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John Forster

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Published : 7 Articles
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Forster, John I Mr. J. F., J. F. I 1812–1876, editor, historian, biographer. Studied at University College, London. Admitted at Inner Temple, 1828; called to the bar, 1843, but did not practise law. Secretary to commissioners of lunacy, 1855–61; appointed one of commissioners, 1861. Contributed at various times to Athenaeum, Edin. Rev., Quart. Rev., and other periodicals. In 1830s, dramatic critic of True Sun; literary and dramatic critic of Examiner. Editor of Foreign Quart. Rev. 1842–43; of Daily News (on Dickens's relinquishing the editorship), Feb.–Oct. 1846; of Examiner, 1847–55. Author of The Statesmen of the Commonwealth of England, 1840 (first published in Lardner's Cabinet Cyclopaedia); Arrest of the Five Members by Charles the First, 1860; and other historical works; biography of Goldsmith, 1848; of Landor, 1869; of Dickens, 1872–74.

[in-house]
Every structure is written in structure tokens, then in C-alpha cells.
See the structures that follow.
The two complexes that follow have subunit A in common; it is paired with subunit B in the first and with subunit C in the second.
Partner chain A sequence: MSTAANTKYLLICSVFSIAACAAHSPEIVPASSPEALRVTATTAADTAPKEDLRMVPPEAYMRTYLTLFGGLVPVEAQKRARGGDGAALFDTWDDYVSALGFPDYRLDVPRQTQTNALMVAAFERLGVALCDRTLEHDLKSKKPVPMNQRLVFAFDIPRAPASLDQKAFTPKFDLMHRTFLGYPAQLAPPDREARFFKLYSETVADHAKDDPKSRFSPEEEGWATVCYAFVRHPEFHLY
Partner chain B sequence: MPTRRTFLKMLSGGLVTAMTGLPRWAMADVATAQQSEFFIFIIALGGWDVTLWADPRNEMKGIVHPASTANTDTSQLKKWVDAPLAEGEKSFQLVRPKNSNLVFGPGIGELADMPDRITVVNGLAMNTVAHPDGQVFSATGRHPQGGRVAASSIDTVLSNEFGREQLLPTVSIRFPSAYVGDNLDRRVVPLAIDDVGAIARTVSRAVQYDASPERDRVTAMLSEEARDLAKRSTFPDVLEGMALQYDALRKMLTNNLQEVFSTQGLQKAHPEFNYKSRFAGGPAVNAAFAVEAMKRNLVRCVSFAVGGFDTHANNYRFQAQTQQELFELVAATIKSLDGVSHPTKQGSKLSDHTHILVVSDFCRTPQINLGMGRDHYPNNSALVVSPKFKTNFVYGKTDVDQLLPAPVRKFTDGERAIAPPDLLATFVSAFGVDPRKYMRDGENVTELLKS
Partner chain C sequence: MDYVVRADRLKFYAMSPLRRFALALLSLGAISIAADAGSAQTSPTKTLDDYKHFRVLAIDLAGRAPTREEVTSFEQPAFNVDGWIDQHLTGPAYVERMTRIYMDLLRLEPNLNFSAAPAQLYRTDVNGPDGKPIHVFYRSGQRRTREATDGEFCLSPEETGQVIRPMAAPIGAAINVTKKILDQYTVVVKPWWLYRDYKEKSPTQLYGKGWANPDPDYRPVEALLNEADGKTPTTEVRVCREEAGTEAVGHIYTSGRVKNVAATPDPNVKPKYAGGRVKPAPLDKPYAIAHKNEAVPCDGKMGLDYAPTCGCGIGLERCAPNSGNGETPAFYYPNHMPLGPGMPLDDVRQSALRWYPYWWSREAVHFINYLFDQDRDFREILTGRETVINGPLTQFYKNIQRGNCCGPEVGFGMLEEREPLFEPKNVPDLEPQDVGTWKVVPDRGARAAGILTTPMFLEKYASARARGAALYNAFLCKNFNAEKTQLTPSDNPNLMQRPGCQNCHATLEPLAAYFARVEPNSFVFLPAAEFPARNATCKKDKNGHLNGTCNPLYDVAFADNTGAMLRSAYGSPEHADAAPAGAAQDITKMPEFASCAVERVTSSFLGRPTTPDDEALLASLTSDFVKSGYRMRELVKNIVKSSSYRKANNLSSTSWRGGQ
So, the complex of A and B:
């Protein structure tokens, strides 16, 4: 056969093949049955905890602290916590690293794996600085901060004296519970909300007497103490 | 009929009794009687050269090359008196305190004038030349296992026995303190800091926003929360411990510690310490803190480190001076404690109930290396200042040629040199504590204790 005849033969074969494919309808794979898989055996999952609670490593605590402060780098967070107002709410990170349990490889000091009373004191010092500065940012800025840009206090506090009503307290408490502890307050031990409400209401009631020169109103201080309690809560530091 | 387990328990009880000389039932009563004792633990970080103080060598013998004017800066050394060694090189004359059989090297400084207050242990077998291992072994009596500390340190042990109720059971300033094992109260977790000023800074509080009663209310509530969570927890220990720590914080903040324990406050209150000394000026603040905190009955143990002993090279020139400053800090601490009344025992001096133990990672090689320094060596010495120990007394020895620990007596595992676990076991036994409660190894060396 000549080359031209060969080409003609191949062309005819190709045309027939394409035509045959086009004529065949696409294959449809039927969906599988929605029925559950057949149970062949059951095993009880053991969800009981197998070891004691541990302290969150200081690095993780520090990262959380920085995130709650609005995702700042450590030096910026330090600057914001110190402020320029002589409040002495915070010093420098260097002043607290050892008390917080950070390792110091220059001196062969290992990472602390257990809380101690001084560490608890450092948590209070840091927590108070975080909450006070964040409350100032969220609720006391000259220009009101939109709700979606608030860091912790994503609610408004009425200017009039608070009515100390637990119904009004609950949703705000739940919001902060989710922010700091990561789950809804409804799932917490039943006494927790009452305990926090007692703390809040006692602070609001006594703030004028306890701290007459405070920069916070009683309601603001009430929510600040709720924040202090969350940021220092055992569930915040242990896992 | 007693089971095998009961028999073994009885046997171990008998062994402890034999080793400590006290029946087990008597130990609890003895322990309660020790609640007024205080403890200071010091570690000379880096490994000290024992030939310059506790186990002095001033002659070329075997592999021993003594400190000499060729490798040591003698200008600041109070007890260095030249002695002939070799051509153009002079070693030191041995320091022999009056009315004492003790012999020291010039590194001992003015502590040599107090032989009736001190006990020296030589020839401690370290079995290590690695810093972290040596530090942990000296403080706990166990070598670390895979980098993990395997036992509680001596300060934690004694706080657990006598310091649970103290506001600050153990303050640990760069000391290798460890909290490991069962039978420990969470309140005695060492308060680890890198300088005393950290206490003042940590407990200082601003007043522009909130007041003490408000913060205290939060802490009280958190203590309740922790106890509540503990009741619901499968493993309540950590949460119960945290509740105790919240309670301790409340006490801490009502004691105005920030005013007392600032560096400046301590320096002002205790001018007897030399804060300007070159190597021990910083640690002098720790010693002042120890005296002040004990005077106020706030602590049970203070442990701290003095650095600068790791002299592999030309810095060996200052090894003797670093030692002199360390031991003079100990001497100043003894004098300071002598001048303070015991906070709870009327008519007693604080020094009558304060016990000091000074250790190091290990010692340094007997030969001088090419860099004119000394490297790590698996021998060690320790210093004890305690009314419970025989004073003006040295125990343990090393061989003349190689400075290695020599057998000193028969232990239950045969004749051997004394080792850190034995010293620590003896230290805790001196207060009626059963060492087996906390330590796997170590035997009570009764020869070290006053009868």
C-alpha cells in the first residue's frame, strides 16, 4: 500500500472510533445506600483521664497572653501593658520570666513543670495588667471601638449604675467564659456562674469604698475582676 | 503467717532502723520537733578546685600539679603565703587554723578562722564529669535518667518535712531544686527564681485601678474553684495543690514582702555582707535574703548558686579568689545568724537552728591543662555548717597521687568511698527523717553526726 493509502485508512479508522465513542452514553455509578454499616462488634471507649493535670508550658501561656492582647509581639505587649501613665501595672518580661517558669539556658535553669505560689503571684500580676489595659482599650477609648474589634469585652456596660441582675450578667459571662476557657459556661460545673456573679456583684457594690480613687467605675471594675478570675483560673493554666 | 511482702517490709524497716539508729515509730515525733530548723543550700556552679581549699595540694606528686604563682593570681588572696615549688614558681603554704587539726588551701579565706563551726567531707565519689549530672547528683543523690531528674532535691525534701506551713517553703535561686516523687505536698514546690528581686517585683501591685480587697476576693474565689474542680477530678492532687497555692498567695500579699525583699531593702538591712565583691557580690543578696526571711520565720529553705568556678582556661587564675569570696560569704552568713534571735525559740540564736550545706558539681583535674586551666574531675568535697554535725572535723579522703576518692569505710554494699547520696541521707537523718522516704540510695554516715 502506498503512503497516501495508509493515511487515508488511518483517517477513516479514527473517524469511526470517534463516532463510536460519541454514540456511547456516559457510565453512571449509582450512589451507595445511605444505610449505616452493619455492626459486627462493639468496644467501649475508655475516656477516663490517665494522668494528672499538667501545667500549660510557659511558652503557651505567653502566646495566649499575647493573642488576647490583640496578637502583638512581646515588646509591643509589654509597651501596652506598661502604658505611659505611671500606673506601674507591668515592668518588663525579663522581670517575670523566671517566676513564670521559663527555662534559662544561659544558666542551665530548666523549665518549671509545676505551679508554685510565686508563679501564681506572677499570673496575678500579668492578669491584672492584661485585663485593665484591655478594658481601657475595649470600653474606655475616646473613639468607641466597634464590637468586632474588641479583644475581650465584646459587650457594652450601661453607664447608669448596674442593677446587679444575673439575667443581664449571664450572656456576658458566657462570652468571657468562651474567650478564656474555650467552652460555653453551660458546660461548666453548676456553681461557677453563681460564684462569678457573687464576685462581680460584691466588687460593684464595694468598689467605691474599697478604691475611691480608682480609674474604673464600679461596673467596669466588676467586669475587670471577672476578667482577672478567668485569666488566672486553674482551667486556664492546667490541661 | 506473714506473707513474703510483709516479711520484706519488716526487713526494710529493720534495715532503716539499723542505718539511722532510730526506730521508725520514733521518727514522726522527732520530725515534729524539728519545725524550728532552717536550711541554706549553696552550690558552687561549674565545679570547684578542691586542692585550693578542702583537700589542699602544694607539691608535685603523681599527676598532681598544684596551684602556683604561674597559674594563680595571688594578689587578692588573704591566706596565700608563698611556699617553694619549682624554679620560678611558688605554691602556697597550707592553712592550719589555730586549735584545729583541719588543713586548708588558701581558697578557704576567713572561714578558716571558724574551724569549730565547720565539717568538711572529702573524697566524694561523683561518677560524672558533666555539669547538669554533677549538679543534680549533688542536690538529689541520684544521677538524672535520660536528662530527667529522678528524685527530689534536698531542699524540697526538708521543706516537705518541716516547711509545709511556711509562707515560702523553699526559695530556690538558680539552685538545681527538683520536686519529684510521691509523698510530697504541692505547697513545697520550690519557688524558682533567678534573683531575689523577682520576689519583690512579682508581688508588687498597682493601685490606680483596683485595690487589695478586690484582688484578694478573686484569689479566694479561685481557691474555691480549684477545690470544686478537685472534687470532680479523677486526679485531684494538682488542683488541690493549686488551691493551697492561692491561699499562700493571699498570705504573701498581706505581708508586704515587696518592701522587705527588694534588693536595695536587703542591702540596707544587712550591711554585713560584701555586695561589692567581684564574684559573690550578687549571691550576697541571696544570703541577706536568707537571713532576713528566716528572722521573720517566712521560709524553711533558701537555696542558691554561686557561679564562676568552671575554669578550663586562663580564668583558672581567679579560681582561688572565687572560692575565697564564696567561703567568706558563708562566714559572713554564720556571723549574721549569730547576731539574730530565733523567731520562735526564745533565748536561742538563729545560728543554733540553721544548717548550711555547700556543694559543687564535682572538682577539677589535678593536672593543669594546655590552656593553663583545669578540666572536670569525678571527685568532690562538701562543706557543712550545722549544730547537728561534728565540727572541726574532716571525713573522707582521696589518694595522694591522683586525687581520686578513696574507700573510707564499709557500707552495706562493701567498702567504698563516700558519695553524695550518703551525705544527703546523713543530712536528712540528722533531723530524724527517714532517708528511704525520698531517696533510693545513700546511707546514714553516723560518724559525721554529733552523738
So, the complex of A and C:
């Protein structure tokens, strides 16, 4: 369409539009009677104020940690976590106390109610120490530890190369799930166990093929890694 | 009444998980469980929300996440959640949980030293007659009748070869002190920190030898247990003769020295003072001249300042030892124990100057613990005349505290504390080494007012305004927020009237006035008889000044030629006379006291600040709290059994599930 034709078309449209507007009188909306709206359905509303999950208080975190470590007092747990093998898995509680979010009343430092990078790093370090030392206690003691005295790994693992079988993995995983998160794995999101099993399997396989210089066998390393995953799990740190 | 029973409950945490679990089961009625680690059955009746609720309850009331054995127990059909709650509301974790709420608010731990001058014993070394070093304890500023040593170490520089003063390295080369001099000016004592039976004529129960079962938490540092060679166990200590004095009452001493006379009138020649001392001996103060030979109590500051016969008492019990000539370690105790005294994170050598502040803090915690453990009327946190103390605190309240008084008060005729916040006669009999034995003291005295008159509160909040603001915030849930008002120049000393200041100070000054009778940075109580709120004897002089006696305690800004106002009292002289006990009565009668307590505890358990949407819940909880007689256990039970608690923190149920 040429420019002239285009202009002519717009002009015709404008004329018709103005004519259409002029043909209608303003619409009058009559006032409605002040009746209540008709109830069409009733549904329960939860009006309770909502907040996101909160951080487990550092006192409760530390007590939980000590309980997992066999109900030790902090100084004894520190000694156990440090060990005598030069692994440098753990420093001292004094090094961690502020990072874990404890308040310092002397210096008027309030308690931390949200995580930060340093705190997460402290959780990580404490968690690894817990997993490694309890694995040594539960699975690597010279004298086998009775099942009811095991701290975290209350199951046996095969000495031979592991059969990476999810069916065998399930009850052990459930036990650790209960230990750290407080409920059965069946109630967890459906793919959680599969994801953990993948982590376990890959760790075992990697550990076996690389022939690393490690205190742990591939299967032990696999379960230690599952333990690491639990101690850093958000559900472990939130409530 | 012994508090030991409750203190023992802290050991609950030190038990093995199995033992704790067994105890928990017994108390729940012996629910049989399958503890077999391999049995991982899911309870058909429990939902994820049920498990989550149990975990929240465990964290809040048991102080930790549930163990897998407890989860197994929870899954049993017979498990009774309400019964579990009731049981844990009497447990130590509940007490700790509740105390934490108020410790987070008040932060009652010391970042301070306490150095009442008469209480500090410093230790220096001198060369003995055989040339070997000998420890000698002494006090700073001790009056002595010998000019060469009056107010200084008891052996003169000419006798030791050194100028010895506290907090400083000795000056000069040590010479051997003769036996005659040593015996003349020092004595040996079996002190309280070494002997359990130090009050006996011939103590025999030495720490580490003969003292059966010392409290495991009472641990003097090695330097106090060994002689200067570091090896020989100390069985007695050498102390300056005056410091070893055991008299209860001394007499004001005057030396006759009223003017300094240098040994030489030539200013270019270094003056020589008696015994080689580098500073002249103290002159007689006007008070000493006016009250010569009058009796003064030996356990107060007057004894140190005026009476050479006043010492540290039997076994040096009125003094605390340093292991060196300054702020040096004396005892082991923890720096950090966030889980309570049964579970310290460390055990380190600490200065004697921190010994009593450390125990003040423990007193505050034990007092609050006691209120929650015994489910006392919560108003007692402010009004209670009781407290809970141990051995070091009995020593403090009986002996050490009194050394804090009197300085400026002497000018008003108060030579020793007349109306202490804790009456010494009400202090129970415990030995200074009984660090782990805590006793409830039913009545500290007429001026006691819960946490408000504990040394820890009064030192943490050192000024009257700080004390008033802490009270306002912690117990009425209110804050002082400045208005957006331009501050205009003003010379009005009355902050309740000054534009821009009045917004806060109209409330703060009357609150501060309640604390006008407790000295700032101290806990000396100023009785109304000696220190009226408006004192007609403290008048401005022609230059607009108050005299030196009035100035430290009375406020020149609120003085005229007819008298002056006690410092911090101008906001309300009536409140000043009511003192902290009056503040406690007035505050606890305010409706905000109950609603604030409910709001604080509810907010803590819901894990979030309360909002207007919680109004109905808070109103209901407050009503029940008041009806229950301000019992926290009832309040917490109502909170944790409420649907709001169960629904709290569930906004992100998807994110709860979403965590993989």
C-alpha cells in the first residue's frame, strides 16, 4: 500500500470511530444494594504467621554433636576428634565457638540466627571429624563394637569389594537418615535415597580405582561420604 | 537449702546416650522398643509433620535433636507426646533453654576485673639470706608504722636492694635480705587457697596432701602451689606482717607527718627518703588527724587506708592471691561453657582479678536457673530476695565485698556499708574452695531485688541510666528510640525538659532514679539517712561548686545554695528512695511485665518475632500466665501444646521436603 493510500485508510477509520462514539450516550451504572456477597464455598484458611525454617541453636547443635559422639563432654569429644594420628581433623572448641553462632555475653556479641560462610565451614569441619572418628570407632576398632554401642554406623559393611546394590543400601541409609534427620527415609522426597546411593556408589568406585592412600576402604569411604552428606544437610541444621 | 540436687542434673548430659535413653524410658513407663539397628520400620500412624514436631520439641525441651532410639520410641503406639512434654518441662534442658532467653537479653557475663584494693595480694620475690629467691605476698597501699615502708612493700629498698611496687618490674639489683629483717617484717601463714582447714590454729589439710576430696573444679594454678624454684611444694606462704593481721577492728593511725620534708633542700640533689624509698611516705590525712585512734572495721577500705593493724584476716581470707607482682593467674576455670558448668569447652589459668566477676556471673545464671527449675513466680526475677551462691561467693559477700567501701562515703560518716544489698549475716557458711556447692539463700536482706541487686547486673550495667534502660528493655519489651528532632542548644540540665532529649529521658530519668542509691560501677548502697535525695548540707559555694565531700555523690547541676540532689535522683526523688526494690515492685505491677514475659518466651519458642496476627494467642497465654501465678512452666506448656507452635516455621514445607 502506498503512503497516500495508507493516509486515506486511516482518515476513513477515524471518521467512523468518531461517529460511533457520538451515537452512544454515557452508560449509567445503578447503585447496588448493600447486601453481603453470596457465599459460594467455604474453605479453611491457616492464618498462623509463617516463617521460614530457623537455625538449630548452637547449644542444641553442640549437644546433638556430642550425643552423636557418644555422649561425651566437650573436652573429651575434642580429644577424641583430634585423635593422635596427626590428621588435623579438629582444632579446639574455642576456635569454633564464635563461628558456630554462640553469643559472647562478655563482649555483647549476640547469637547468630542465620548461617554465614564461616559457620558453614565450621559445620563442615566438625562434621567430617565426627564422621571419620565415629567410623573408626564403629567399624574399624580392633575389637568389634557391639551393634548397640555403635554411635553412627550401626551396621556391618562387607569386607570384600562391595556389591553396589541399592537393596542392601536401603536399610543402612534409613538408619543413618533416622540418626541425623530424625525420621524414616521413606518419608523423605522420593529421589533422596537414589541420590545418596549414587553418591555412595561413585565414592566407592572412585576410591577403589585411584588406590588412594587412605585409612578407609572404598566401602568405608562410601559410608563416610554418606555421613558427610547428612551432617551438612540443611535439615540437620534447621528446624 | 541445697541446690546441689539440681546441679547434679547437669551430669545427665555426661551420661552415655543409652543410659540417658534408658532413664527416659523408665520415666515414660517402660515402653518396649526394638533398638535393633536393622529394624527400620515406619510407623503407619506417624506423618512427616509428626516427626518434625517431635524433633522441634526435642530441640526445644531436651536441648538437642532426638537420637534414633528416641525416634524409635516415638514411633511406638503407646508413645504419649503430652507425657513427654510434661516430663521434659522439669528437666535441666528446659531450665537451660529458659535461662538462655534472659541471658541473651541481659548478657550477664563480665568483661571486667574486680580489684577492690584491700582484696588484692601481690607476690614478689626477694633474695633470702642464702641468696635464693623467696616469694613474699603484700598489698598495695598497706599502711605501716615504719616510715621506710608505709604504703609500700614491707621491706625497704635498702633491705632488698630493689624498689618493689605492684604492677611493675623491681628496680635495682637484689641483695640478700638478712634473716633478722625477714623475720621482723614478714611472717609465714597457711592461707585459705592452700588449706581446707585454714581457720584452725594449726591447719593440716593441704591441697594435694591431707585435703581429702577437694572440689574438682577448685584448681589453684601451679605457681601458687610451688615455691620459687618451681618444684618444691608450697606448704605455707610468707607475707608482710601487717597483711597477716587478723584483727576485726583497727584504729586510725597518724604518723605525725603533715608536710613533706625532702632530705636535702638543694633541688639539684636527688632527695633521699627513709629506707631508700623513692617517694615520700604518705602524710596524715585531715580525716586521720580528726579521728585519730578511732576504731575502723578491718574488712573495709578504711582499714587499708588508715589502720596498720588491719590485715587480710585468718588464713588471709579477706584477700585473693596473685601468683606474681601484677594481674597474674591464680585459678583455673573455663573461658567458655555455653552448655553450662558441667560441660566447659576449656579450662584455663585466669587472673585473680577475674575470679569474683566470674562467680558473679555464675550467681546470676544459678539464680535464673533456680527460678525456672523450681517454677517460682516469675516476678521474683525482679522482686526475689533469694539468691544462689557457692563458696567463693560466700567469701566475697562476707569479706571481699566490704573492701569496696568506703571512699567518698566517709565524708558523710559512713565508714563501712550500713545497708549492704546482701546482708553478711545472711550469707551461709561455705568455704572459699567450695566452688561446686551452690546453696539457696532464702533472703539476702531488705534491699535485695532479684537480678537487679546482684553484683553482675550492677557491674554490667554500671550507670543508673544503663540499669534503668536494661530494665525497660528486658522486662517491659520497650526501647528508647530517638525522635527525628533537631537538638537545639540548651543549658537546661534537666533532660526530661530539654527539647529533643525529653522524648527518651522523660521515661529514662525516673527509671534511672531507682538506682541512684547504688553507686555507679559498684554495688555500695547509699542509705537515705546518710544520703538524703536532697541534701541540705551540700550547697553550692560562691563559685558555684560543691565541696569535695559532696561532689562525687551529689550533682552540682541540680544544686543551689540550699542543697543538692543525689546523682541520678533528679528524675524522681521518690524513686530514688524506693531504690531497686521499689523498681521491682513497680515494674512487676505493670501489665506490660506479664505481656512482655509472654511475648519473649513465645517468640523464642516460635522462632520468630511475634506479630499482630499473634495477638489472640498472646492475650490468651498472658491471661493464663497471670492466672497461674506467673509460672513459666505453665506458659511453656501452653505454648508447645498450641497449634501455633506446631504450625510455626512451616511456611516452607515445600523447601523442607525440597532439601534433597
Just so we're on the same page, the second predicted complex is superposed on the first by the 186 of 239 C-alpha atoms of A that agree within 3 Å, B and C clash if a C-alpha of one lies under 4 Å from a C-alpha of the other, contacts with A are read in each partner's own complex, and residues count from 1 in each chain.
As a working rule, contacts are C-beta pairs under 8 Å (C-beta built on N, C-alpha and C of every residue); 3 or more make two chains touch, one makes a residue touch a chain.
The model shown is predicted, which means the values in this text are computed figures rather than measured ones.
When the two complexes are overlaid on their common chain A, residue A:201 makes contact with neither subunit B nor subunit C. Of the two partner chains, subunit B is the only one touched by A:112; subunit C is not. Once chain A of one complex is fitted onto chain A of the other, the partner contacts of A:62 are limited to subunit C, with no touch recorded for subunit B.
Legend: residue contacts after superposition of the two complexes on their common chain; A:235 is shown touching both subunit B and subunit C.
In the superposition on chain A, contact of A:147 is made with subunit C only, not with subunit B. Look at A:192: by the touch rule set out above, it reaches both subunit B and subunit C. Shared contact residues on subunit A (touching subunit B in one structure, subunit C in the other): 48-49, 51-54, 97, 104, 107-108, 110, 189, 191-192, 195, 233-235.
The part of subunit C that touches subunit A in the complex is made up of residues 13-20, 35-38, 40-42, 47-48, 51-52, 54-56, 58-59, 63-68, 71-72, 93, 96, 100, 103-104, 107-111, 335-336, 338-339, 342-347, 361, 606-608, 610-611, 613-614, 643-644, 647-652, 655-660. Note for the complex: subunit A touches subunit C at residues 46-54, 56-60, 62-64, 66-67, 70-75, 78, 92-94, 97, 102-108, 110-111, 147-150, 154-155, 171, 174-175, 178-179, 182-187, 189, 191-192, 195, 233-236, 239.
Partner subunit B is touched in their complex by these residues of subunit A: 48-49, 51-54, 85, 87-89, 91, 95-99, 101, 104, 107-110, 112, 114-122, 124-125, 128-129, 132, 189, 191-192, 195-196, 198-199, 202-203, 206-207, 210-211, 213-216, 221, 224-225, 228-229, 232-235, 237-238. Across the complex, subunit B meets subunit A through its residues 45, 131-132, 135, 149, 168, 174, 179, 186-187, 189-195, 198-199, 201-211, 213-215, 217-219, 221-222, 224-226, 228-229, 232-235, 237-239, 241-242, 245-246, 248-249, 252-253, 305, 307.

Forster met Dickens in 1836; he became and remained Dickens's staunch and loyal friend. Dickens appointed Forster co-executor of his will and bequeathed to him – "to my dear and trusty friend" – the MSS of works in Dickens's possession at the time of his death. Forster was frequently in Dickens's company during the earlier years of their friendship, less frequently during the later years. He took part in many of the activities in which Dickens engaged, as in the theatrical presentations. He was Dickens's adviser and counsellor in personal matters, representing him in the working out of the separation arrangement between him and his wife. He came to Dickens's aid in Dickens's bargaining with publishers. He was Dickens's adviser and counsellor in literary matters. After the fourteenth number of Pickwick, stated Forster, there was nothing that Dickens wrote "which I did not see before the world did, either in manuscript or proofs" (Life, Book II, sect. i). In his life of Dickens, Forster recorded his high opinion of Dickens's writings. He dedicated to him his biography of Goldsmith. Dickens expressed great admiration for the biography as he did for Arrest of the Five Members and for the biography of Landor. He dedicated to Forster in 1858 the Library Edition of his works, in "grateful remembrance of the many patient hours" that Forster had devoted to the correction of proof-sheets of the original editions and "in affectionate acknowledgment" of Forster's "counsel, sympathy, and faithful friendship, during my whole literary life." The long and intimate association of the two writers was not unmarked by clashes of temperament. In his letters Dickens made disparaging remarks about Forster; he caricatured his mannerisms in Podsnap of Our Mutual Friend.